Skip to main content
CampaignsEqualityHousingEnvironmentGeneral ElectionSupport Our WorkFixing BritainMigrationEducationRaceCultureWorkGlobal

From darkness to light

Dark as this year has been, be cheered by the thought this is likely the last Christmas we'll spend under a Conservative government for a good long while. But this is a reason to get motivated - not complacent. 

December 23 2023, 09.17am

As twilight years of governments go, 2023 has been particularly bleak - darker even than the last years of Thatcherism, by some margin. 

Internationally, the ongoing Gaza war - which has claimed the lives of over 1,200 Israelis and over 20,000 Palestinians, over 1% of Gaza’s population - makes a bleak end to the year, together with its accompanying surges in hate crime further afield; from brutal attacks on Palestinian Americans to antisemitic assaults the world over. The UK is one of the less important arenas in the conflict, but whatever one thinks of the war, whoever one votes for, it’s hard to say either the Conservatives or Labour acquitted themselves honourably in that moment. 

At home, draconian new protest laws multiply. Anti-immigration sentiments, rhetoric and policies have skyrocketed, with the Illegal Migration Act making a mockery of Britain’s international commitments and scapegoating the most vulnerable people on our shores, including children. Even the modest progress Britain has made on climate change is being squandered, with domestic fossil fuel production let off the leash and climate policies watered down. And if these are meant to appease the far right, they’re having the opposite effect.

Meanwhile, on the economic front, the year that started with a cost-of-living crisis and a spike in people shoplifting for food is ending with the astonishing statistic of over 800,000 Brits being treated in hospitals for malnutrition. We’ve had Broken Britain for a while now. We now have Starving Britain on our hands.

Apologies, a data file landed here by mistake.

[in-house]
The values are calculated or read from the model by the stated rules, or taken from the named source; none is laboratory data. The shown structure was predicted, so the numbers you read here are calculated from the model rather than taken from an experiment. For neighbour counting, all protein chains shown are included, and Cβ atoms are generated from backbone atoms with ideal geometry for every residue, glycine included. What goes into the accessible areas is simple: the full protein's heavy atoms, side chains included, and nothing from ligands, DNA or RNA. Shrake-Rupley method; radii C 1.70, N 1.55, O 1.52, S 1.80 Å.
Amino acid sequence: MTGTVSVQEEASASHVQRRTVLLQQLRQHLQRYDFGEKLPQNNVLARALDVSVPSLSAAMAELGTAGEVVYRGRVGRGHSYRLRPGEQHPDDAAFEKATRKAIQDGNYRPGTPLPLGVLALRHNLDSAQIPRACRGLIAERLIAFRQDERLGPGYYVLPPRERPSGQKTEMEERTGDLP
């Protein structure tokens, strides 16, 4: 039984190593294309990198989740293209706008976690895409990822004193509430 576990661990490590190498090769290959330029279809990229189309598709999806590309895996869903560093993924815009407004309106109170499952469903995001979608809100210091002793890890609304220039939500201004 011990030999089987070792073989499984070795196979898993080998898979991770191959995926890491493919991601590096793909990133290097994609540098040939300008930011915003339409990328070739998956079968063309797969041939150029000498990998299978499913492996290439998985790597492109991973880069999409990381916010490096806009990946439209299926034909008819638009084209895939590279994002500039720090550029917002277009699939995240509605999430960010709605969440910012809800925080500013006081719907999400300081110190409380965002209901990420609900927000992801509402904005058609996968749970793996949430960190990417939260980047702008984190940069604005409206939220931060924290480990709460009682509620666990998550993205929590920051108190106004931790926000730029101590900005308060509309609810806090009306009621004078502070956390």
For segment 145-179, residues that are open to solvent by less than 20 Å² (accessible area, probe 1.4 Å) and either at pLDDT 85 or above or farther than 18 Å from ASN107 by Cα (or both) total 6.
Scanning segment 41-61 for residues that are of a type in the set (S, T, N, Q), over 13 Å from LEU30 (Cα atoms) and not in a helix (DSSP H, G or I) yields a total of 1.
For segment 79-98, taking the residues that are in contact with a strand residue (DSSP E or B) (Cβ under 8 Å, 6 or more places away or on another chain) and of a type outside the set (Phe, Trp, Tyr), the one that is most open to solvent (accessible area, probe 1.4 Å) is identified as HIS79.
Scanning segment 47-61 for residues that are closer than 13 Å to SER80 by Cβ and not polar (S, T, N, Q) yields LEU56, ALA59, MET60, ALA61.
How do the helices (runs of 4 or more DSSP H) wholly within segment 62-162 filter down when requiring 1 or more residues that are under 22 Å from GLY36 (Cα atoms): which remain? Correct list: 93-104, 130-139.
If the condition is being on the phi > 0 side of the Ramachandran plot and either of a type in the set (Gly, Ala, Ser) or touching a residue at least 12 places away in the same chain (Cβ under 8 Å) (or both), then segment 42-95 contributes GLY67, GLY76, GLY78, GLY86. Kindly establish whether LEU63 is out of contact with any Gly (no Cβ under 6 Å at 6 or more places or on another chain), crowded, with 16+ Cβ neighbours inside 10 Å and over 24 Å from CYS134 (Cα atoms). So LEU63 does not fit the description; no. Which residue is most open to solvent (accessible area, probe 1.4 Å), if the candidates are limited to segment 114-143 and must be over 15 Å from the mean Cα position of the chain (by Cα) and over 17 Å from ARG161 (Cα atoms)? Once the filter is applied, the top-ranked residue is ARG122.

We know which party is to blame for both. And if there’s one good thing to say about the year that’s gone is that this is almost certainly the last full year we’ll live under a Tory government, for a good long while. Polls have rarely been that dramatic, that consistent, for that long. The trends in by-elections, likewise. Defections and resignations by Tory MPs and even ministers, likewise. It’s very probable our next Christmas email will be sent under a Labour government - perhaps at the helm of a coalition, but most likely one with a robust majority of its own. If ever there was a Christmas where the slow move from darkness to light felt almost inevitable, this is one. 

This doesn’t mean this is time to get complacent. A lot can happen between now and the General Election, whenever in 2024 it is finally called. Voter disillusionment is all too real, and poses a risk to the opposition as well as to the Conservatives. The same is true for activist disillusionment. After threading the most careful, muted and tightly controlled line imaginable, Starmer’s Labour is beginning to find its voice on the environment, on Rwanda and on housing, among many other issues. But we need a lot more from both Labour and from all other parties if the Conservatives are to be pushed and kept out of power for the foreseeable; and once in government, the Tories' successors will need to be much bolder in thought and deed if the centre of British politics is to be reclaimed from the far right. We hope to do our bit at The Lead.